In my technical paper, I have written as follows.

The strategy is used to fix outer-boundaries is useful for maintaining symmetries and alignments of boundaries.

But, I have been asked to reformulated this sentence. I am confused now what is the wrong with this... Doesn't this give a clear literacy?

So, If I write like this

The strategy used to fix outer-boundaries is useful for maintaining gutter symmetries and as well as alignments of adjacent boundaries.

However, please suggest your way because I want to learn how this can be improved.

  1. In the first place, you have two main verbs:

    The strategy is used to...
    [The strategy ...] is useful for...

    You may fix this by 'conjoining' them with an and

    The strategy is used to ... and is useful for...

    But I suspect what you mean is that “the strategy which is used to &c is useful”. This may be reduced to “the strategy used to fix outer boundaries is useful for...”— as you do in your rewrite.

  2. There is an ambiguity in the last part of the sentence: it is not clear whether the phrase of boundaries modifies both symmetries and alignments or only alignments. It appears from your rewrite that it is supposed to modify only alignments; I would rewrite this as

    ... for maintaining symmetries and boundary alignments.

    If boundary were intended to modify both, I would make this explicit:

    ... for maintaining boundary symmetries and boundary alignments.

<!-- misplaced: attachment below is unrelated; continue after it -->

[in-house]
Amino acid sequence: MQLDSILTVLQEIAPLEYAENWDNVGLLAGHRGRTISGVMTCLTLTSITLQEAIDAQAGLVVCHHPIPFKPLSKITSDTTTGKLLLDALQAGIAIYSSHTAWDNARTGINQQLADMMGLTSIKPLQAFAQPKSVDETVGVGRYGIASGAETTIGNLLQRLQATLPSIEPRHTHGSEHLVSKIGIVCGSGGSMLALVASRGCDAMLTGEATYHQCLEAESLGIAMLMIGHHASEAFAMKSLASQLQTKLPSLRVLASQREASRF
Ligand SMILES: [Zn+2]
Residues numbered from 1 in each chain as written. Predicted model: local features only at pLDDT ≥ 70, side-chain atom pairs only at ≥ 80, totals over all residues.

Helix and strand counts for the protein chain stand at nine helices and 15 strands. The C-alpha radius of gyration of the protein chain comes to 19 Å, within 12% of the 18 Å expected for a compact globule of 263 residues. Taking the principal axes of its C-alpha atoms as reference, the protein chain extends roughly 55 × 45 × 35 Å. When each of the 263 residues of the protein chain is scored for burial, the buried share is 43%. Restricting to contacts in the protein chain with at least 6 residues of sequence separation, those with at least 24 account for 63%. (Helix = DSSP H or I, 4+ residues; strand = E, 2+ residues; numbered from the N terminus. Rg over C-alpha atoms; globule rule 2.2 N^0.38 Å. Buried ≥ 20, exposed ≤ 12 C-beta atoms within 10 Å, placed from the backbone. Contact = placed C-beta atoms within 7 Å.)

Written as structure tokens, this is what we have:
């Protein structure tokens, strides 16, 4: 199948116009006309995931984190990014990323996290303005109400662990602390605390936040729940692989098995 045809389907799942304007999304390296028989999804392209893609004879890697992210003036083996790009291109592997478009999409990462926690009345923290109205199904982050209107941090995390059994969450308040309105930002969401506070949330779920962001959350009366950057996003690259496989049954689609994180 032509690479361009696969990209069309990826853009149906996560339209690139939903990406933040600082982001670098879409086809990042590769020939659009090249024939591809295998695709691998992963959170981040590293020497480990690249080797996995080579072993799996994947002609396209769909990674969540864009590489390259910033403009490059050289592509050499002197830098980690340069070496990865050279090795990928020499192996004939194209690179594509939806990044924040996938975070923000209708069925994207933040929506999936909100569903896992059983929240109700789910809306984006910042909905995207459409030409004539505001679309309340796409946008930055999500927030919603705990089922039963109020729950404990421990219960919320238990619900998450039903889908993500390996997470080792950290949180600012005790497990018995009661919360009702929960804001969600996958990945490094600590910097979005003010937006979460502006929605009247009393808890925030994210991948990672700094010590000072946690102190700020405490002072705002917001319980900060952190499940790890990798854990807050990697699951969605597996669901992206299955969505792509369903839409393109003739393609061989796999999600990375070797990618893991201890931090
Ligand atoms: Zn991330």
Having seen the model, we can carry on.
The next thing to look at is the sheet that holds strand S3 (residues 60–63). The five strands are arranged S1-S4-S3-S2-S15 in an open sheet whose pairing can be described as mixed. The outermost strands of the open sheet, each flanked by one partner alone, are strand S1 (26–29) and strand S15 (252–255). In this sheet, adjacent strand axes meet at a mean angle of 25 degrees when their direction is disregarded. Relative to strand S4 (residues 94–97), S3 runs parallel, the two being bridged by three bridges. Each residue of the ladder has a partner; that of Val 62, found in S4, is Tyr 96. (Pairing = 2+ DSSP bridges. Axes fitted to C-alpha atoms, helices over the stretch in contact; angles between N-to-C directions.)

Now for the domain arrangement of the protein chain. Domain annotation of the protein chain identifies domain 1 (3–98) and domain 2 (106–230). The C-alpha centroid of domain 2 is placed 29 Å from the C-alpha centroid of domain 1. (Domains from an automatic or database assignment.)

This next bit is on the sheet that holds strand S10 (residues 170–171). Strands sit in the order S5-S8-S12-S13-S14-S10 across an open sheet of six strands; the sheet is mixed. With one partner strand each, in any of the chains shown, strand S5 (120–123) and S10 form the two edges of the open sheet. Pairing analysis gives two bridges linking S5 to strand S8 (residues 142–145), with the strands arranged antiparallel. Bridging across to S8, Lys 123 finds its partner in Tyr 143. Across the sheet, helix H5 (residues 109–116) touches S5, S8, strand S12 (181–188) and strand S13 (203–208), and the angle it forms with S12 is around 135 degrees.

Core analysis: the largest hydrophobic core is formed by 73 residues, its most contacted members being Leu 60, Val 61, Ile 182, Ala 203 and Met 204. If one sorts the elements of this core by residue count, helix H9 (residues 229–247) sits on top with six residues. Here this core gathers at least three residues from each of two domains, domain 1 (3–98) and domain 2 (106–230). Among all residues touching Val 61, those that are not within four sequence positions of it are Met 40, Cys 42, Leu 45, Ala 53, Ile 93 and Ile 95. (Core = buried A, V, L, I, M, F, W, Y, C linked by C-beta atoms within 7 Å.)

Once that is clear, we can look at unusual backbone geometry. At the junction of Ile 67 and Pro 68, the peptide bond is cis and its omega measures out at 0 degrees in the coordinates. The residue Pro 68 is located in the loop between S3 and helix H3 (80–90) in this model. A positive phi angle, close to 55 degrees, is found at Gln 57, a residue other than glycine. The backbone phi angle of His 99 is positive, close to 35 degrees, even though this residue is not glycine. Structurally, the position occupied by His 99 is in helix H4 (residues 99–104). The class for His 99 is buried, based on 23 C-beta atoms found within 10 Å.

This may appear a little wordy; but in technical writing you cannot be too precise. The Adamantine Law is that in written discourse, “Anything which can be misunderstood will be misunderstood.”

  3. As for your rewrite: I don’t know enough about your topic to judge whether the more detailed specification with gutter and adjacent is necessary; that is between you and your thesis supervisor or publisher. But the use of as well as is doubly faulty:

    • X and as well as Y is not an idiomatic construction. You may say “X and Y” or “X as well as Y” or “X, and Y as well”.

    • X as well as Y is not equivalent to X and Y: it does not coordinate the two entities X and Y, it adds a parenthetical observation about Y. Use A is X as well as Y only when you have previously stated that A is Y, and you wish to remind the reader of that fact—for instance, if you want to make it clear that saying A is X does not contradict or exclude A being Y.

  4. Outer-boundaries, with a hyphen, is not conventional English. Ordinarily an adjective is assumed to attach to and modify the following noun, so there is no need for a hyphen. The hyphen is need only when the modified noun itself serves as a modifier, as in this question of yours, where the hyphen in “outer-boundary line segments” makes it clear that outer modifies only boundary, not line segments.

You must log in to answer this question.

Not the answer you're looking for? Browse other questions tagged .